Royalty and nobles often has very comfortable lodgings just before execution. They arrived via the River Thames at Traitor's Gate. Some prisoners were in unpleasant lodgings and were tortured, such as Guy Fawkes. Most were executed nearby at Tower Hill. Rudolph Hess, Hitler's deputy, was held there for a while. The castle suffered bomb damage during WWII but was rapidly repaired and reopened as a key tourism attraction, as it has been for hundreds of years.

There's the infamous story of the princes in the tower who were probably murdered at the behest of their uncle Richard III who was seizing the throne after the death of his brother Henry IV. Skeletons were found of two boys and buried properly some years ago. The irony is that Richard was also found recently, unceremoniously lying under a carpark in Leicester, outside of London.he to has been reburied.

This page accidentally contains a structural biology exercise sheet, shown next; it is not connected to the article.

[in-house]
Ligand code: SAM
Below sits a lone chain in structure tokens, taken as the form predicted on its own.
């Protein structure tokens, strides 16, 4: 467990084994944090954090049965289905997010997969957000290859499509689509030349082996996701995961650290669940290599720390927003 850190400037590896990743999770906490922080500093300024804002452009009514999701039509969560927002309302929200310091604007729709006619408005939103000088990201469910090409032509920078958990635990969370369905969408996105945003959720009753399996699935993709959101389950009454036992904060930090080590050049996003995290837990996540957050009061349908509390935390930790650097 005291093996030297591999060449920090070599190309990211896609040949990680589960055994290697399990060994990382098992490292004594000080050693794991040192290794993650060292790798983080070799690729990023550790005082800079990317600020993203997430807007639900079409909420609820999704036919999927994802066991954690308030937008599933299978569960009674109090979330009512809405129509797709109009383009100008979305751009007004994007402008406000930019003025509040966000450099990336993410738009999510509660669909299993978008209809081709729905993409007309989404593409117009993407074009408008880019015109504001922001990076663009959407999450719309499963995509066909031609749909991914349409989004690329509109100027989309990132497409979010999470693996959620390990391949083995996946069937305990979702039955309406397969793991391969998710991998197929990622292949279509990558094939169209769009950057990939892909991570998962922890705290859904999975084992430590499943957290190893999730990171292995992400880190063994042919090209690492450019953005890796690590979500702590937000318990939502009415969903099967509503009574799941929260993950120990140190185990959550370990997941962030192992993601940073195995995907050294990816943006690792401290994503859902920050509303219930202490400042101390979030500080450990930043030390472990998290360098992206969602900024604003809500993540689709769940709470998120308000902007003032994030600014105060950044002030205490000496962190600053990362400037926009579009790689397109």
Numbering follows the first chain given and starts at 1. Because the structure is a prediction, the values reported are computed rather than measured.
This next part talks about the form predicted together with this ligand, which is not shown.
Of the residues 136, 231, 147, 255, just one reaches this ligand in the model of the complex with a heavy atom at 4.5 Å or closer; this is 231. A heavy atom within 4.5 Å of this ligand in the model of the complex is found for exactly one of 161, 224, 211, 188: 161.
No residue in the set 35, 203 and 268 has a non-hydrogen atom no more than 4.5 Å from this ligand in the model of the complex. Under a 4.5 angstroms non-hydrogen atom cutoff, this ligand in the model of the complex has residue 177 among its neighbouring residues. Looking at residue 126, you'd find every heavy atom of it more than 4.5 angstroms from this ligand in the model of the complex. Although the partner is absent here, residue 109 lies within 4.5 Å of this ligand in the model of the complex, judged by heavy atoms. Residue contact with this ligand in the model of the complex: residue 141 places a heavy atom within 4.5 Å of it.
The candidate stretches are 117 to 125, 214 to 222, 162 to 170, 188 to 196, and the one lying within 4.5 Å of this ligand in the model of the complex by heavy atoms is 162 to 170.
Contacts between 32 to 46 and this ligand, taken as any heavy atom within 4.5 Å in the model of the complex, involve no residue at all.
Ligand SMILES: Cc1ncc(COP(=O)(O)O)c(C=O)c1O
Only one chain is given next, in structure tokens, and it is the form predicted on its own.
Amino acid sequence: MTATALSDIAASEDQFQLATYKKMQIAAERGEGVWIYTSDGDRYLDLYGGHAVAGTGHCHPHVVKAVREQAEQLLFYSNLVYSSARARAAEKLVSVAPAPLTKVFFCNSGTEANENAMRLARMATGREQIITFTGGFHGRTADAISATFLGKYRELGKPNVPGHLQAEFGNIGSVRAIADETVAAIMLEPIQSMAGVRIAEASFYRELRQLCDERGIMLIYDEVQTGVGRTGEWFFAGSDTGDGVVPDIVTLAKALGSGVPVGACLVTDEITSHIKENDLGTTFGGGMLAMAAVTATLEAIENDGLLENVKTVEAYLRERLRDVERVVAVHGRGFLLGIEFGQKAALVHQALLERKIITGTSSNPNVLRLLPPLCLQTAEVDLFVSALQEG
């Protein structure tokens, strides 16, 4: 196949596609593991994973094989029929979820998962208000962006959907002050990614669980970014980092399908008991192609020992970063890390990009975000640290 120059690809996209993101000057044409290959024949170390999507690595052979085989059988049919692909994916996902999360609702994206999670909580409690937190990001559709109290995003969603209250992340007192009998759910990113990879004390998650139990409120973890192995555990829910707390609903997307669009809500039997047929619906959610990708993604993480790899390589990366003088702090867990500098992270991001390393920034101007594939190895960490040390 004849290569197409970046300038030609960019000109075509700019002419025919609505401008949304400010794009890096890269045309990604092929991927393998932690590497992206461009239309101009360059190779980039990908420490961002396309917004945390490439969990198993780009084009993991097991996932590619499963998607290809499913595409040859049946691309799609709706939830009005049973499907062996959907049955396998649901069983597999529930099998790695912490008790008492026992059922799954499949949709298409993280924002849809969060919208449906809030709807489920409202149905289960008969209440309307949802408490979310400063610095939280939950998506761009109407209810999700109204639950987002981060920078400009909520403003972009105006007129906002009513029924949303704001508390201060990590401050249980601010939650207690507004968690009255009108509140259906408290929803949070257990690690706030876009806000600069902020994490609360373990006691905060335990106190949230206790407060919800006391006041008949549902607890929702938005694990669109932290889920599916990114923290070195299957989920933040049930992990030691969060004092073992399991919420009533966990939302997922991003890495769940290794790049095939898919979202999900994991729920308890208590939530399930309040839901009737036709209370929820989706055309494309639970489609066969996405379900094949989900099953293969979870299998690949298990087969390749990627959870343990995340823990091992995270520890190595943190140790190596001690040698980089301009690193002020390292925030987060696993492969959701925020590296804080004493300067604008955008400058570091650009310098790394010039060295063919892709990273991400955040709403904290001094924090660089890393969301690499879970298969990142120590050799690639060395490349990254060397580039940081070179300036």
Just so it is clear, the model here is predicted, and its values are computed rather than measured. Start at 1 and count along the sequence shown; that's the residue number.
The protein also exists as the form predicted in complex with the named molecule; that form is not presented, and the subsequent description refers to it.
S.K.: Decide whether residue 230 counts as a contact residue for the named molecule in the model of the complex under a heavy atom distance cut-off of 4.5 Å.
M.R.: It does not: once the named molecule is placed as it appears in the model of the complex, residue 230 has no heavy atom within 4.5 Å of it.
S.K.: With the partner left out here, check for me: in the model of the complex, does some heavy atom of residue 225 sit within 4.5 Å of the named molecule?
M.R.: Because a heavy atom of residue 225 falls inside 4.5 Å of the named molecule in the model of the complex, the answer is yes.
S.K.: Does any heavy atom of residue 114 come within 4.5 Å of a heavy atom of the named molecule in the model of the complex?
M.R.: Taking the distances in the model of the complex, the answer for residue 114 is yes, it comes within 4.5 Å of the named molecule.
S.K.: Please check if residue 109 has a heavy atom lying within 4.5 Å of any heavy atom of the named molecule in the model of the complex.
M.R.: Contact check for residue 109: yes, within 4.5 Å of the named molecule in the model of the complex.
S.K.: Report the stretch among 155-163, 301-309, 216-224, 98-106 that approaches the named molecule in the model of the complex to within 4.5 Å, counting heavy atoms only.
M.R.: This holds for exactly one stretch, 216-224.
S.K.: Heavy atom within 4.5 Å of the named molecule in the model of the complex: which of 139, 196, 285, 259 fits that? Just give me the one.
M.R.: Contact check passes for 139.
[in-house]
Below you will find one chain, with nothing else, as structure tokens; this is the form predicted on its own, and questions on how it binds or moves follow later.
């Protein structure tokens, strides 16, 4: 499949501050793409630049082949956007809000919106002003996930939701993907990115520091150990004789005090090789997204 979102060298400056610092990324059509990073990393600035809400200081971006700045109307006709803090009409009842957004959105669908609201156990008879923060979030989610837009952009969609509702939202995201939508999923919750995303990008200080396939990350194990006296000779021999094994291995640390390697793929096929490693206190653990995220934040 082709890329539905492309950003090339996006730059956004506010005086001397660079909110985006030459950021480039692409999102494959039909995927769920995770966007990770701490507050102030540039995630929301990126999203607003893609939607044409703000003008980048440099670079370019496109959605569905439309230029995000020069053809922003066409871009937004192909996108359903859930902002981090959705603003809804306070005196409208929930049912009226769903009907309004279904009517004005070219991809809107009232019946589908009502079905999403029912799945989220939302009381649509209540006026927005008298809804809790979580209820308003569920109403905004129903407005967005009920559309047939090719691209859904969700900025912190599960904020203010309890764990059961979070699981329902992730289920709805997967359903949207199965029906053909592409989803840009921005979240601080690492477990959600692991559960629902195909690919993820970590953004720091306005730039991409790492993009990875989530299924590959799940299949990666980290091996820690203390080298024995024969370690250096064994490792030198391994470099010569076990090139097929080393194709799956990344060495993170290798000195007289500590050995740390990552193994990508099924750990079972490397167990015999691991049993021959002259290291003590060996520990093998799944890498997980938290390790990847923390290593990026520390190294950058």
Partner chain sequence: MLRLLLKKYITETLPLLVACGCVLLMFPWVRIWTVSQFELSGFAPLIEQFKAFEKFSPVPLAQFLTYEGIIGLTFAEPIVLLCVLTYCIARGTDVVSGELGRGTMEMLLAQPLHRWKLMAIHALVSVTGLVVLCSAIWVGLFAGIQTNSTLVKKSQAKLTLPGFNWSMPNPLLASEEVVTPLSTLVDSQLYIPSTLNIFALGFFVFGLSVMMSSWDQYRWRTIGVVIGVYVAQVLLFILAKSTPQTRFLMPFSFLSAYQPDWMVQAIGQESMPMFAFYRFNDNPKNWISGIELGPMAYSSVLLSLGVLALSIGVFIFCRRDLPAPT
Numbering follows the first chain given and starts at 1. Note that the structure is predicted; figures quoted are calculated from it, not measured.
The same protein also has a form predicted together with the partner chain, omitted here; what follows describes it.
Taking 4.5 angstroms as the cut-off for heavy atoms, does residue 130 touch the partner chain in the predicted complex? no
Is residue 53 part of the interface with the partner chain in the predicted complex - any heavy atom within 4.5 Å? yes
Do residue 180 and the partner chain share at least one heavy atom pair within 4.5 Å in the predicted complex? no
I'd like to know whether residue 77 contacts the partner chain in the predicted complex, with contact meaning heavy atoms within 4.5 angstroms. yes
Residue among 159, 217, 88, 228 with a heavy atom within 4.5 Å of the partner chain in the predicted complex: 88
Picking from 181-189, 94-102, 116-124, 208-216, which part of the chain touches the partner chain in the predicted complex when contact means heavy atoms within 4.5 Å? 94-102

It must have been a wonder in the days when it housed the Royal Menagerie before zoos really existed, with lions and other exotic beasts and birds. These days there are only wire sculptured animals on display as remnants of a past exhibition. They are cleverly made from chicken wire.

There are still 7 ravens lving there and probably always will be as there's a saying that if the ravens leave the realm will fall.